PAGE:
Product Reviews

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Headphones that cost less than $100.

Best Headphones for Under $100

As our testers have found, it's possible to get very good sound at a very nice price

These days it's easy to find low-cost headphones in a broad range of styles and colors. But what distinguishes the models on our list of the best headphones for less than $100 is that they also deliver very good sound.

And that makes all the difference when you're ready to part with the mediocre earbuds that came with your phone or the stereo headphones you bought way back when Foghat was a thing.

The models here not only rank among the best headphones in our ratings, but they also earn our CR Best Buy designation thanks to prices that start as low as $20 and peak at $80.

1
Panasonic RP-TCM125

Panasonic RP-TCM125

Can you really get very good sound for $20? Yes. In fact, you can sometimes find these Panasonic headphones on sale online for even less. And the price includes three sets of ear tips to help you find the most comfortable fit.

The headphones also include a built-in microphone for fielding phone calls, and integrated controls for volume adjustments and other music player functions. Be forewarned, though, these controls don't work on all mobile devices.

It's also worth noting that the headphones come with only a three-month warranty. Sennheiser's $30 CX 215 headphones deliver very good sound, too, for example, and they have a two-year warranty.

    2
    Scosche SportFlex 3

    Scosche SportFlex 3

    The well-designed ear hooks on these $30 headphones keep the buds firmly in place as you lift and bend your way through that CrossFit class. Like the Panasonic headphones above, they also come with a carrying bag, which keeps the wires from getting tangled up in your backpack or purse when not in use. 

      3
      Motorola Moto Surround

      Motorola Moto Surround

      If it's wireless headphones you want, take a look at this $40 Bluetooth model from Motorola. It features a contoured collar design to keep the device from moving around on your neck. When not in use, the earphones magnetically attach to the collar, which includes controls for changing tracks and adjusting the volume. Before you choose this model, though, you should know that it tended to work better in our testing with mobile devices from Android than those from Apple.

        4
        Skullcandy Grind Wireless

        Skullcandy Grind Wireless

        You can easily pay $200 to $300 for a pair of wireless home-style headphones with very good sound, but this one will set you back only $60. Because the closed design does not fully shut out the world, the user can still hear the doorbell or the phone. But, beware, that also means he or she can inadvertently share strains of heavy metal music with the innocent bystanders in the room.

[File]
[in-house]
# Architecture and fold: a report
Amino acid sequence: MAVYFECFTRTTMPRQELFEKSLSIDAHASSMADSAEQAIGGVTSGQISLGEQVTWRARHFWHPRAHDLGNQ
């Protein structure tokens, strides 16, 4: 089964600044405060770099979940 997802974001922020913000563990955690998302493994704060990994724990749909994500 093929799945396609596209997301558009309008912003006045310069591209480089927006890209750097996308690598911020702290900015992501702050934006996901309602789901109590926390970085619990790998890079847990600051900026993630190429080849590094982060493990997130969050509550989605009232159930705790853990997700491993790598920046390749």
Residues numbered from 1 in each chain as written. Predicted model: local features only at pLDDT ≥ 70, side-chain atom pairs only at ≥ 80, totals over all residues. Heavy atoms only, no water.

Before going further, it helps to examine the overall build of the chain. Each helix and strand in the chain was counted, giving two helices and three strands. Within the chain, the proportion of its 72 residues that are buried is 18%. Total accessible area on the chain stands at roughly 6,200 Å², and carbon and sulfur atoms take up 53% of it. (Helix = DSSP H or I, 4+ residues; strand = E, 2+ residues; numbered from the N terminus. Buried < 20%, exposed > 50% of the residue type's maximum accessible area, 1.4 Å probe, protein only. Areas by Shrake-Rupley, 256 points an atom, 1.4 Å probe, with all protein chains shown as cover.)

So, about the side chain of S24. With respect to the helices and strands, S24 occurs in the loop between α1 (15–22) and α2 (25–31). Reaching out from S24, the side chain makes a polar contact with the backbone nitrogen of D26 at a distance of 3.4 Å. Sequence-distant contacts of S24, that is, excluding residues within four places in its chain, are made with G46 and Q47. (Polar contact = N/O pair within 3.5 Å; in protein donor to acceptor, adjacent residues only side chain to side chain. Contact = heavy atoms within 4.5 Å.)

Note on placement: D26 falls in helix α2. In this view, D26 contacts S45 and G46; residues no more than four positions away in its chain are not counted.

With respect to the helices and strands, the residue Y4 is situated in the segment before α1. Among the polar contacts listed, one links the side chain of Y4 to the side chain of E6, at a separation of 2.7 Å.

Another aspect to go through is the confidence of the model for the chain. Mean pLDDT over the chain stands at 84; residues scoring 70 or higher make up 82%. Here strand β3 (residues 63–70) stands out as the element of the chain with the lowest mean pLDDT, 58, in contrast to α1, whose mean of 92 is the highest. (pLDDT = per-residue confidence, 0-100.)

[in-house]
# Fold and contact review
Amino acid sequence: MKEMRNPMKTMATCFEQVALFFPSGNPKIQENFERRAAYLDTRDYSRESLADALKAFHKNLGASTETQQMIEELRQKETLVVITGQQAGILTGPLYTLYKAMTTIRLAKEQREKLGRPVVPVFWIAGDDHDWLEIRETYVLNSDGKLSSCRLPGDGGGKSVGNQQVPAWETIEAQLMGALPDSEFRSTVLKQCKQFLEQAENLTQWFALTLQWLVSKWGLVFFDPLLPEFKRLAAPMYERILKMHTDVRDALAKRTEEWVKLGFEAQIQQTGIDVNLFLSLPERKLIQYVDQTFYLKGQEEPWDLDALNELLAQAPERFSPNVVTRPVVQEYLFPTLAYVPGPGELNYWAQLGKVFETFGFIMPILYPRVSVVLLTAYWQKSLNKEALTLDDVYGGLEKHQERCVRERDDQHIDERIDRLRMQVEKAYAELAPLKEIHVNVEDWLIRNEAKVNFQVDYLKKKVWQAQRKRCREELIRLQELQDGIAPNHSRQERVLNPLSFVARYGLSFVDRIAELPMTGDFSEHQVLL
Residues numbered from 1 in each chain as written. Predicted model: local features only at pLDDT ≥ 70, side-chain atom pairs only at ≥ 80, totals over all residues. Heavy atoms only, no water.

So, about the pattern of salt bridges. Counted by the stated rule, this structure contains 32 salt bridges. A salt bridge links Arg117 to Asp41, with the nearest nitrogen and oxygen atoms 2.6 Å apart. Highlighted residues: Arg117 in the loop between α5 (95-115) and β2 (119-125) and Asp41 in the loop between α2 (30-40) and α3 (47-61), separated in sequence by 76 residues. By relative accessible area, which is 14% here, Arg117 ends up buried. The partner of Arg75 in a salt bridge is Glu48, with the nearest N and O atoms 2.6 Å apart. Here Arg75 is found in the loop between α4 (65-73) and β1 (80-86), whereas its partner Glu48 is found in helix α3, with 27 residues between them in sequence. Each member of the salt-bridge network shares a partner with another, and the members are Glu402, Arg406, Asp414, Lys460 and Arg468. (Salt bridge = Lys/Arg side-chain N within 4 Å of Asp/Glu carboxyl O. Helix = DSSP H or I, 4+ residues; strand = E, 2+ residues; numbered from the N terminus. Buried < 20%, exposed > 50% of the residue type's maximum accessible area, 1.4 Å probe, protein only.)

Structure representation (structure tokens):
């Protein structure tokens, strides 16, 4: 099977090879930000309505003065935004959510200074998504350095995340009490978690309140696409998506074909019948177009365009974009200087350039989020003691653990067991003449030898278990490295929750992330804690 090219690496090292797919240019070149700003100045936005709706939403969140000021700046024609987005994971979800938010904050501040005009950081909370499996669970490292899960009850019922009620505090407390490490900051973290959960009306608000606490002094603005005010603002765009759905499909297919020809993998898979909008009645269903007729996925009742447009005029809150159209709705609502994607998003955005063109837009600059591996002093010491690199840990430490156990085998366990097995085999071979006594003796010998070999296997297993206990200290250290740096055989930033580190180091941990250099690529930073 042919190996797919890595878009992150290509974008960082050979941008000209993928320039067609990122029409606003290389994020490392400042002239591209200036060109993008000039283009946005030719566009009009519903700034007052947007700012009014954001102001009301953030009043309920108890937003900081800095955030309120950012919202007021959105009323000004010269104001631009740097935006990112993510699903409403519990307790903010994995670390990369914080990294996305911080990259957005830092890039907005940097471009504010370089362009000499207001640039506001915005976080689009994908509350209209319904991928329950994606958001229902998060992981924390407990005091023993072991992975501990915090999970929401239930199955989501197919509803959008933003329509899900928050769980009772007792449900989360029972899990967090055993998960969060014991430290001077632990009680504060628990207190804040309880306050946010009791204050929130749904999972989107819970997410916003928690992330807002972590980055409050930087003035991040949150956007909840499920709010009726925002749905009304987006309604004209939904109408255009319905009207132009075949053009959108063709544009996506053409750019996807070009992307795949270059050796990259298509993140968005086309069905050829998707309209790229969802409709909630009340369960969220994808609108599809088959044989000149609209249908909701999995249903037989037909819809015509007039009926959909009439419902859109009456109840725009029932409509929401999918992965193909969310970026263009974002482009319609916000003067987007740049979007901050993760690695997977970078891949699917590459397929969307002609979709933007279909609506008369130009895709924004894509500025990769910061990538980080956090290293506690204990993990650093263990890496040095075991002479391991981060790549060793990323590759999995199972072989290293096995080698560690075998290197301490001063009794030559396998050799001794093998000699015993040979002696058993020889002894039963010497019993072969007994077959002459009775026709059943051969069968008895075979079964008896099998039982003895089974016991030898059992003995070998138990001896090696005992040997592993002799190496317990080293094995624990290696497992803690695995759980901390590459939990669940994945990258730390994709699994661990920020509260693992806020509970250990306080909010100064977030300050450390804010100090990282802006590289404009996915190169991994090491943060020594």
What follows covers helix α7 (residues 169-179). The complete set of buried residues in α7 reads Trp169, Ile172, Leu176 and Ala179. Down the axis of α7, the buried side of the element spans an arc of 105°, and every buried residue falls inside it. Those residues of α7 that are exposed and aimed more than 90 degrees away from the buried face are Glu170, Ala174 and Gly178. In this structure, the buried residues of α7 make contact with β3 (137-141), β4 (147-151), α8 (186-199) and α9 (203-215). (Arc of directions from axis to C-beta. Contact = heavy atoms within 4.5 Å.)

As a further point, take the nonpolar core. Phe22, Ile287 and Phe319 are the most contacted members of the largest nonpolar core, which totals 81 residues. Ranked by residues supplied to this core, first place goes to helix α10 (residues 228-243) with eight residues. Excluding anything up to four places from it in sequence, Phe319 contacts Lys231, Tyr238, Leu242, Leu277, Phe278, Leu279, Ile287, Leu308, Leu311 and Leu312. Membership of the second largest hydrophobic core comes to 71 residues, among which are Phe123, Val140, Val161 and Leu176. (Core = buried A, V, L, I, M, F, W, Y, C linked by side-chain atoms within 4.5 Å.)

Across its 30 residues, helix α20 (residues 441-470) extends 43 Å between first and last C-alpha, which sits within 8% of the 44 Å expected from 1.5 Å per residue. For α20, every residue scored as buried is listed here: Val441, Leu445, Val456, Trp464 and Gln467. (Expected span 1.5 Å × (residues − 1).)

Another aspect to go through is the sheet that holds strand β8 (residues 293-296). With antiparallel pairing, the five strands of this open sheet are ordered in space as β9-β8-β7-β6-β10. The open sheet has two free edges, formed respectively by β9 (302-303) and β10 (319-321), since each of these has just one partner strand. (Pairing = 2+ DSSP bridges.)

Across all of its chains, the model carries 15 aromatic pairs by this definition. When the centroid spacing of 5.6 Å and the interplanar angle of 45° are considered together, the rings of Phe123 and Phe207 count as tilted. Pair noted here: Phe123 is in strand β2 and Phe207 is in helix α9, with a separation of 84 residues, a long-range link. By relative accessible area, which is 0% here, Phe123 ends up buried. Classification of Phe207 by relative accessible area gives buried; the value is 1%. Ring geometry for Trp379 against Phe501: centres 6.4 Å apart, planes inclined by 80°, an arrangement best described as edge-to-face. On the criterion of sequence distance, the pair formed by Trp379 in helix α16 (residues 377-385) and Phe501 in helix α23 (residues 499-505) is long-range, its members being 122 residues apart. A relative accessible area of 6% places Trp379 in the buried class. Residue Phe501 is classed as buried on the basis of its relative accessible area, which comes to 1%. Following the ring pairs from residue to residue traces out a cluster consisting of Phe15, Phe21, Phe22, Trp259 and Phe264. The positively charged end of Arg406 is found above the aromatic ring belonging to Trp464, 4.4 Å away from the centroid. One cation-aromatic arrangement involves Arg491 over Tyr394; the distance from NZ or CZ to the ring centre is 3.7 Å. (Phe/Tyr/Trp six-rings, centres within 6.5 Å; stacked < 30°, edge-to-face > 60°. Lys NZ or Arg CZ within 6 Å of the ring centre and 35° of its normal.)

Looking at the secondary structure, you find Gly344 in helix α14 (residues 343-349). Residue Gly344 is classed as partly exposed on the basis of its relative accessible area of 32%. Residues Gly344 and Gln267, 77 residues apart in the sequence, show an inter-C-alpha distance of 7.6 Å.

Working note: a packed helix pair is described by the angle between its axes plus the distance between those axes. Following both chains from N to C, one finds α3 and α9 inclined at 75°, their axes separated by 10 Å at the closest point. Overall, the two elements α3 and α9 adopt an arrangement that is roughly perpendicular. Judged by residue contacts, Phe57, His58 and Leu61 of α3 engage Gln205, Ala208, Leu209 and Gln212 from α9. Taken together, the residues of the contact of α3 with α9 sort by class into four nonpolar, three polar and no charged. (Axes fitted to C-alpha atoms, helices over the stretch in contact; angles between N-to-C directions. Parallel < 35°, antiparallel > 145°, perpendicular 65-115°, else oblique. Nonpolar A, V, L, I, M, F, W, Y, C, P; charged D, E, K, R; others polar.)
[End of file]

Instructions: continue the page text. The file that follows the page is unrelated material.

5
          Phiaton BT 100 NC

          Phiaton BT 100 NC

          Ideal for the business traveler, this $60 wireless model brings true peace of mind. In addition to very good sound quality, it offers noise-canceling technology that walls you off from, say, that loud-mouthed passenger in seat 27B. And thanks to Bluetooth connectivity, it also frees you up from the dreaded headphone cord that invariably snares on your handbag, backpack, or seatback as you make your way down the aisle of the plane. You simply place the collar on your neck, stick the buds in your ears, link the headphones to your smartphone, and press play.

            6
            Grado Prestige SR60e

            Grado Prestige SR60e

            If you like to rock it old-school, look no further than this $80 pair of retro-looking, studio-style headphones from Grado. Once again, a comparable model could easily cost you $300. This one provides you with an 80-inch cord, which gives you plenty of freedom to dance about the room while you listen to your tunes. And the open-air design lets you hear what’s going on around you.

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              Terry Sullivan

              I've been writing about tech since the 1990s and joined Consumer Reports in 2007. I cover audio-related devices, like headphones, and digital-imaging products, like cameras and printers. When not making fine art with a camera or oil paint, I also jam with my band, The Not-For-Prophets. I live on Long Island with my wife and kids.